Baby snapping turtle

You never know what’s right around the bend

Photography

Ford Galaxy 500Art Prints

I’ve been heading down to Westbrook, CT these past few weekends to help my parents clean out their house for a permanent move to Florida. Its a three hour drive and I’ve been trying to make the most of it by stopping along the way at some of the exits which have promising signage. Places that I wouldn’t stop with the family (got to get home do homework or make it to a game) or with the dog in the car. Far too often photography is a solitary endeavor when one can have their mind free and clear to see the images.

This time I got off at Greenfield, MA, my “check engine” light flipped on and my “cruise” control light started blinking so I figured I might want to stop and check things out. Oil was fine, gas cap screwed on tight, nothing leaking under the car. So I figured I’d be alright but maybe I should let the car cool off a bit.

I saw a sign for the Hallmark Museum of Contemporary Photography (which the photography school in Turner Falls, MA) and decided I might as well point the car in that direction so I put it on the GPS. Never did make it. An old factory caught my eye as well as a local sculpture park. I can never pass up funky artwork or abandoned buildings so I walked around and checked things out.

While I was photographing the old abandoned and fenced off factory building a guy who was mowing the lawn motioned me over – “Are you photographing for work or hobby?” he asked.

Kind of a strange question but my spider sense told me that hobby was the less threatening of the two choices. I didn’t know what was going to come next. Did I have a permit or something?

He said “Come here I want to show you something” and motioned over to the bushes. Hmmm, I was getting a bit nervous at this point. It was a rather out of the way and crummy area. But it turns out he just wanted to show me the newly hatched snapping turtles that he nearly decapitated with his mower.

I thank him for showing me his discovery and went through the motions of photographing the cute little buggers. I hadn’t brought my macro lens but I did have my Panasonic LX5 which has a great macro capability.

Baby snapping turtle

Freshly hatched baby snapping turtle already escaped death by lawn mower.

I put the baby snapping turtle safely back in the brush on the river side of the road. Then it started to rain so I decided it was about time to get back on the road, that’s when I discovered on of my favorite shots of the day – a classic Ford Galaxy 500 parked on an empty street with classic New England triple decker houses. It was just too perfect. Empty street, the rain, classic car, classic background!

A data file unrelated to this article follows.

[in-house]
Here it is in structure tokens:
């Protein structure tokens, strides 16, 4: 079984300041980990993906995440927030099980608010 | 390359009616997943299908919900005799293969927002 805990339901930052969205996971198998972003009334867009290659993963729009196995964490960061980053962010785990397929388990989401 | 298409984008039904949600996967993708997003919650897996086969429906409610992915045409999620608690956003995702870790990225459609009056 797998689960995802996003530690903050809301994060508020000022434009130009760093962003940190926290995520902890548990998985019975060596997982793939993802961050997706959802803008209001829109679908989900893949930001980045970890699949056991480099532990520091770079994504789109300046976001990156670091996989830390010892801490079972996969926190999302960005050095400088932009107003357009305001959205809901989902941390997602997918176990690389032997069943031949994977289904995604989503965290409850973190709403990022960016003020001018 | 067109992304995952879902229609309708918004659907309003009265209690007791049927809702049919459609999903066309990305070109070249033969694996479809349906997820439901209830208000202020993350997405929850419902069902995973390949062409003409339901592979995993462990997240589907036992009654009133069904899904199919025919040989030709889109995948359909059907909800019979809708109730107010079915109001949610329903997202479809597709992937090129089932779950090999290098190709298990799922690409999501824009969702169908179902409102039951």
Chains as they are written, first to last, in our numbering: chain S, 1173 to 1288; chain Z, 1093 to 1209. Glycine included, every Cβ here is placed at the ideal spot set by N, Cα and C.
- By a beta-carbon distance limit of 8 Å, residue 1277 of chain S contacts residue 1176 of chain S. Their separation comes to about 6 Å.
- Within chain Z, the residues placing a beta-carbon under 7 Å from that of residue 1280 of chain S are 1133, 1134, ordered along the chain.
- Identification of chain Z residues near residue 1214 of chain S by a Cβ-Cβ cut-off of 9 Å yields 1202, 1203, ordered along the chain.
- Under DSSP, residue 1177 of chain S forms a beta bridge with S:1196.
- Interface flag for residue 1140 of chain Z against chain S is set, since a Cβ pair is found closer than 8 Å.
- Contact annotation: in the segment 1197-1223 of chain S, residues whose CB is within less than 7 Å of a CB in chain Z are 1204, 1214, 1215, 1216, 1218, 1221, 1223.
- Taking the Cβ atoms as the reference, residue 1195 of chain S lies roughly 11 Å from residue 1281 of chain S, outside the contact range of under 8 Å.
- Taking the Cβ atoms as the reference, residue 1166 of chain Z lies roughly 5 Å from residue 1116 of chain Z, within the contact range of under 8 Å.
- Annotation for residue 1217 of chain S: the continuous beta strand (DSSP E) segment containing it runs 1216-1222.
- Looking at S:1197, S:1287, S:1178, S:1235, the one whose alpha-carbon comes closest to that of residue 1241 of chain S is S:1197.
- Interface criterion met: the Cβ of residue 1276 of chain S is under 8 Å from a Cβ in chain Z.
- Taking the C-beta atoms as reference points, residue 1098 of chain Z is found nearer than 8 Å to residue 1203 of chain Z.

Vintage Ford Galaxy 500 car Art Prints

I just love seeing vintage cars “in the wild” as my engineering friend and car buff says.  The rain put an extra bleak look on the whole image.  You just never know what you’ll find around the corner.

This whole area of western Massachusetts has that old mill town feeling that photographer Gregory Crewdson loves to use in his work – like in the books Twilight, Beneath The Roses and the documentary about his work – Brief Encounters.

If you get a chance to see “Brief Encounters” do so! It’s fascinating.

Gregory Crewdson’s riveting photographs are elaborately staged, elegant narratives compressed into a single, albeit large-scale image, many of them taken at twilight, set in small towns of Western Massachusetts or meticulously recreated interior spaces, built on the kind of sound stages associated with big-budget movies. Shapiro’s fascinating profile of the acclaimed artist includes stories of his Park Slope childhood (in which he tried to overhear patients of his psychologist father), his summers in the bucolic countryside (which he now imbues with a sense of dread and foreboding), and his encounter with Diane Arbus’s work in 1972 at age 10. Novelists Rick Moody and Russell Banks, and fellow photographer Laurie Simmons, comment on the motivation behind their friend’s haunting images. — (C) Zeitgeist